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Speaking at the EmTech conference at MIT in Cambridge, Mass., today, Hesse said he felt confident that Sprint and Clearwire had a strong enough spectrum portfolio to handle the expected surge in data traffic from 4G users. He also said that the company could keep its plans unlimited by charging more if it eventually found that customers were consuming more data than the carrier could handle.
"We can offer unlimited service as long as the usage is reasonable," he said. "We know users will use lot more data, so we charge our customers $10 more per month on 4G phone. So it's unlimited but we charge more for that service."
Hesse said there were rare circumstances where service would not be unlimited but that those circumstances were limited to less than 1% of users who consumed unusually large amounts of data on a monthly basis. In those cases, Hesse said the company would work out a deal with those users to pay more per month for 4G service or would tell the user they would be cut off after they consumed a certain amount of data. But overall Hesse expected that the vast majority of users would not come close to approaching this threshold.
"At Sprint we're trying to use our resources as efficiently as possible," he said. "But if you have certain [data] hogs you can ratchet them down as much as possible."
While Hesse would not completely rule out implementing tiered 4G services sometime in the future, he said the company was not looking at it right now and that having a metered service might degrade user experience.
The wireless industry has recently started moving away from all-you-can-eat wireless data plans and toward tiered service plans. AT&T got the ball rolling earlier this year when they announced they were dropping unlimited data plans for the iPhone in favor of plans that offered between 200MB and 2GB of data consumption per month. Verizon shortly followed suit by saying it would implement a similar pricing scheme for its 4G LTE services that are due to launch later this year. Verizon COO Lowell McAdam hinted earlier this year that LTE plans would give users a certain amount of data they could consume every month before they would have to pay overage fees.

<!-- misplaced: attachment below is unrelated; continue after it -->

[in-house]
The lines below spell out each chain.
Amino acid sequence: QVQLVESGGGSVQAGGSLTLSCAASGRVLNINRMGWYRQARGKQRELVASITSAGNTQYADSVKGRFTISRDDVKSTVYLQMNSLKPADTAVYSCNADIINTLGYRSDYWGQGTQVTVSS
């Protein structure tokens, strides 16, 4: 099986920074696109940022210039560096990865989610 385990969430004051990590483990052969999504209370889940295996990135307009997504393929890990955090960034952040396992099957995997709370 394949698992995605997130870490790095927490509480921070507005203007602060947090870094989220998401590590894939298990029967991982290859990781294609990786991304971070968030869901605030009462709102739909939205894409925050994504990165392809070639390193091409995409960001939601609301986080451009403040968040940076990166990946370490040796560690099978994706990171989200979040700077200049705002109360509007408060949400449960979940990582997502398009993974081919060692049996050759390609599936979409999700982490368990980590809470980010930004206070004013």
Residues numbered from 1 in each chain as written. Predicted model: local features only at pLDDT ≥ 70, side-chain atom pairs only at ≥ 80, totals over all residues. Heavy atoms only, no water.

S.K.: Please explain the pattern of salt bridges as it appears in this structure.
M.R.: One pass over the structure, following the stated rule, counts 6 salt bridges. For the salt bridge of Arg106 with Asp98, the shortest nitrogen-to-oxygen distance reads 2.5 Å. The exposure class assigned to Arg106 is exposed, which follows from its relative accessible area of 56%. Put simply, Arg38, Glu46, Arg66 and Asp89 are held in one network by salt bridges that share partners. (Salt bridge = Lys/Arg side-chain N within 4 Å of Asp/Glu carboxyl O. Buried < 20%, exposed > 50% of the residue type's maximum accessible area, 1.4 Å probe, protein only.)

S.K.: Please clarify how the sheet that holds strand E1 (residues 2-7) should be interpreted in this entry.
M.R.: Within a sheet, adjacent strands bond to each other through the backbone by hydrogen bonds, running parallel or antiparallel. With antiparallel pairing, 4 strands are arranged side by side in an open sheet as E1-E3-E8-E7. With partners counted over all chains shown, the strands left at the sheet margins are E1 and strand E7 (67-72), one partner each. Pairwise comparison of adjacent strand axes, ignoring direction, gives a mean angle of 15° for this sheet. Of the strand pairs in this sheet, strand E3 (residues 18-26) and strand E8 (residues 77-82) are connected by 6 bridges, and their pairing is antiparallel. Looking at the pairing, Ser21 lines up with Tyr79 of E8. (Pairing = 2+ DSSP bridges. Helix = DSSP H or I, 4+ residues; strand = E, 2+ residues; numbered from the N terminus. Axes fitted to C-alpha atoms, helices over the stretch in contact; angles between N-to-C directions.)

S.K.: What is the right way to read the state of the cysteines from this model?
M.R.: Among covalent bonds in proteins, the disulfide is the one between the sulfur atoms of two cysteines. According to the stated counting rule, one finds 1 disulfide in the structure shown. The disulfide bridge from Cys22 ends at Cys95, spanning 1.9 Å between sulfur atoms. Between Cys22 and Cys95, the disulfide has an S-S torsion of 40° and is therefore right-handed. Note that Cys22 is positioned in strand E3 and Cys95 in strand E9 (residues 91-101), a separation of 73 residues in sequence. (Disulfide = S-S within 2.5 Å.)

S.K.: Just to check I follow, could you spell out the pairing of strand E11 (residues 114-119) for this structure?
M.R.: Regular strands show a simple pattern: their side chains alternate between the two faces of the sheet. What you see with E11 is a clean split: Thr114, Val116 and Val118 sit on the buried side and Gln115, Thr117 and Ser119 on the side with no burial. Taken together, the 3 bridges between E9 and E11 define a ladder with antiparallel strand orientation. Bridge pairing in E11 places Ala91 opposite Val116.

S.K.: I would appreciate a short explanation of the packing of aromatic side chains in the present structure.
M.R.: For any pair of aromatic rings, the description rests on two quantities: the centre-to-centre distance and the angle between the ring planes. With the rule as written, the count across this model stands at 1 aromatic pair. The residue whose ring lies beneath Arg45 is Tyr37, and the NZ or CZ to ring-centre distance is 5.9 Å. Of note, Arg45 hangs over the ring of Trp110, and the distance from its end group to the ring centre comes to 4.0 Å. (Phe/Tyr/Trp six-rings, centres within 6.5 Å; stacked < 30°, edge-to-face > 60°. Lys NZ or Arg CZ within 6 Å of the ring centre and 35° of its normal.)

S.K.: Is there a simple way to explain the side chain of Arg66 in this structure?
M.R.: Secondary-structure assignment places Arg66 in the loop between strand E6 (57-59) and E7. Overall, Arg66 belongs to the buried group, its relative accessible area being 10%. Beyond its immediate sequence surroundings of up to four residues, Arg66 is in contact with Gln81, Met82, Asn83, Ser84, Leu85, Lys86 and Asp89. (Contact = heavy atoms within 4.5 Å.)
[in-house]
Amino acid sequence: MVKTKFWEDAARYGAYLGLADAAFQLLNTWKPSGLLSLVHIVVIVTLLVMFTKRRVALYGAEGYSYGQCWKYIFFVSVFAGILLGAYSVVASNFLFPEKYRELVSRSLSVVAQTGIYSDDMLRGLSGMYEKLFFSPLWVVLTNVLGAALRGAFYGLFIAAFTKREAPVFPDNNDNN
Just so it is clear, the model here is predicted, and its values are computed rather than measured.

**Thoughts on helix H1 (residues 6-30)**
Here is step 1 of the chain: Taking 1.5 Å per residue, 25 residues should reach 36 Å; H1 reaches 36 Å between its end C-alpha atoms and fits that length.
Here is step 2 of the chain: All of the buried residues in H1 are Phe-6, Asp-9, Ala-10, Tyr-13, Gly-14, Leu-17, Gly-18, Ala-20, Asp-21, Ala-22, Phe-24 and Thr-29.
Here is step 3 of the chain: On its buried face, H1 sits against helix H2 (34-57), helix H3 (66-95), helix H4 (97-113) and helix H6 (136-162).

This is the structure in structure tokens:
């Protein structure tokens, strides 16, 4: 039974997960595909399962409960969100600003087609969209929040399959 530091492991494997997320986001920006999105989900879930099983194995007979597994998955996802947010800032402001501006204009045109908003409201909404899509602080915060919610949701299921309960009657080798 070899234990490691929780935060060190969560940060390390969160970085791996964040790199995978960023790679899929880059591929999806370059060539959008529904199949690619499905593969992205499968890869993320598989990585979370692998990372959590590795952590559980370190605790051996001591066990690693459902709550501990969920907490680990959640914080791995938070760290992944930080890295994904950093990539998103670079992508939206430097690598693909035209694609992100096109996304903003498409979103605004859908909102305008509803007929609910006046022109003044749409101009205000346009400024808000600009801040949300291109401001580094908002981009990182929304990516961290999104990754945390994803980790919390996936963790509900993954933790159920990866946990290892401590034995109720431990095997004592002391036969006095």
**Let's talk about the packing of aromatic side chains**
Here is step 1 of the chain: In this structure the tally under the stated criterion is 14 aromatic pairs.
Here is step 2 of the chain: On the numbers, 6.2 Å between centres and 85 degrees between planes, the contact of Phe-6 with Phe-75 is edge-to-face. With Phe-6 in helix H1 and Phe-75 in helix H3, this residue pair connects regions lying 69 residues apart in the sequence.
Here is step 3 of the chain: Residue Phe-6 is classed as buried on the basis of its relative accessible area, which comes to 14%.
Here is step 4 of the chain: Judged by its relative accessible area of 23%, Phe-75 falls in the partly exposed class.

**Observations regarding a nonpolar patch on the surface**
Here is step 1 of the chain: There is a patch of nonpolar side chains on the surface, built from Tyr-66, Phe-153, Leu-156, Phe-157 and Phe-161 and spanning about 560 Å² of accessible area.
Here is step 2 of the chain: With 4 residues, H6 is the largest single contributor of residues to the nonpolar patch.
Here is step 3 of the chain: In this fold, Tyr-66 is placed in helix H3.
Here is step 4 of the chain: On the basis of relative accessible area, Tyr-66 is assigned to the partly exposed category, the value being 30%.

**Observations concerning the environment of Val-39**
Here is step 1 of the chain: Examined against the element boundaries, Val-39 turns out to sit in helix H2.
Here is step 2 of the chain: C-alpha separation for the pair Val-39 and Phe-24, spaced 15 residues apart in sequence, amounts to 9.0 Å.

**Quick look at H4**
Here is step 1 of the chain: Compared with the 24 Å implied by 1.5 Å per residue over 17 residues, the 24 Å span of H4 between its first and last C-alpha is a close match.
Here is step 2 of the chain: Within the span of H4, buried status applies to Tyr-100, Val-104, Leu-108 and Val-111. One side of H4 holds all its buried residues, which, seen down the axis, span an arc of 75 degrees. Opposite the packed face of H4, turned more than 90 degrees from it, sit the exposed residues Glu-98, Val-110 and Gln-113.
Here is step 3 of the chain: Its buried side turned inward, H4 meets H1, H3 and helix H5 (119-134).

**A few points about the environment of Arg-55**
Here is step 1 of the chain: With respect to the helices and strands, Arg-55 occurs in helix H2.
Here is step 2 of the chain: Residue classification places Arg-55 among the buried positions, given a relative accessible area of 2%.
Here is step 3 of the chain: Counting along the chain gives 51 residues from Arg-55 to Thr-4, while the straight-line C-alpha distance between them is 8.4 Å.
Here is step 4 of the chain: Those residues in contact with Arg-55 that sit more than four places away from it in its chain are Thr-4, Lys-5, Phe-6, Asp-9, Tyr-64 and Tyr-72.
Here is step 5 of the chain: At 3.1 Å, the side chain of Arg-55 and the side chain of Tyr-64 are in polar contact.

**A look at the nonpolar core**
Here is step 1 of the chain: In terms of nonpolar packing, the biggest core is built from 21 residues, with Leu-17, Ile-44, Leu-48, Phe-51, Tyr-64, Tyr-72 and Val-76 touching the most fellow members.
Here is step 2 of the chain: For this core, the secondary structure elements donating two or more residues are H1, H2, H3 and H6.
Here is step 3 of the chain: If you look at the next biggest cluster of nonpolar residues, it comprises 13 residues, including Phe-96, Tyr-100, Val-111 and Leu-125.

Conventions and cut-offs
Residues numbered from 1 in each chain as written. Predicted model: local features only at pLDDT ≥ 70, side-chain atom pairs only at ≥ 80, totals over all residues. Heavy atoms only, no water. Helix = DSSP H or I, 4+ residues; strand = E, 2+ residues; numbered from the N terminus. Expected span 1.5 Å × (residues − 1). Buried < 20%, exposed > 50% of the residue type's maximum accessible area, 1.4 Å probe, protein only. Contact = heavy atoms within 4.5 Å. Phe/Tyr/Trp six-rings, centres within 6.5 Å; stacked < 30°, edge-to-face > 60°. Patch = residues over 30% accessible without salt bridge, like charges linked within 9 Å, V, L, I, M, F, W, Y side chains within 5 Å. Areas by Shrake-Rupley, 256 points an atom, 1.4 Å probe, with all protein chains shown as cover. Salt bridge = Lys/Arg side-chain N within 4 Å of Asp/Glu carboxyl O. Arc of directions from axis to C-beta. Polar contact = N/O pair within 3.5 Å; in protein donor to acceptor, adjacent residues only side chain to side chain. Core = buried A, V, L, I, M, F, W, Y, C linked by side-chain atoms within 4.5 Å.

Earlier this year Sprint 4G Vice President Todd Rowley explained that Sprint would be reluctant to implement 4G data caps after it experimented with 5GB data caps on its 3G EV-DO Rev. A network. Rowley said that the company found many customers becoming worried about using data after implementing the cap, meaning there was less consumption of data on the network overall.
Sprint and its partners at Clearwire have been launching commercial WiMAX services in major markets in the United States over the past year. By the end of the year they will have built out a WiMAX network that spans all major U.S. markets and that covers 120 million points of presence.
Read more about wireless & mobile in Network World's Wireless & Mobile section.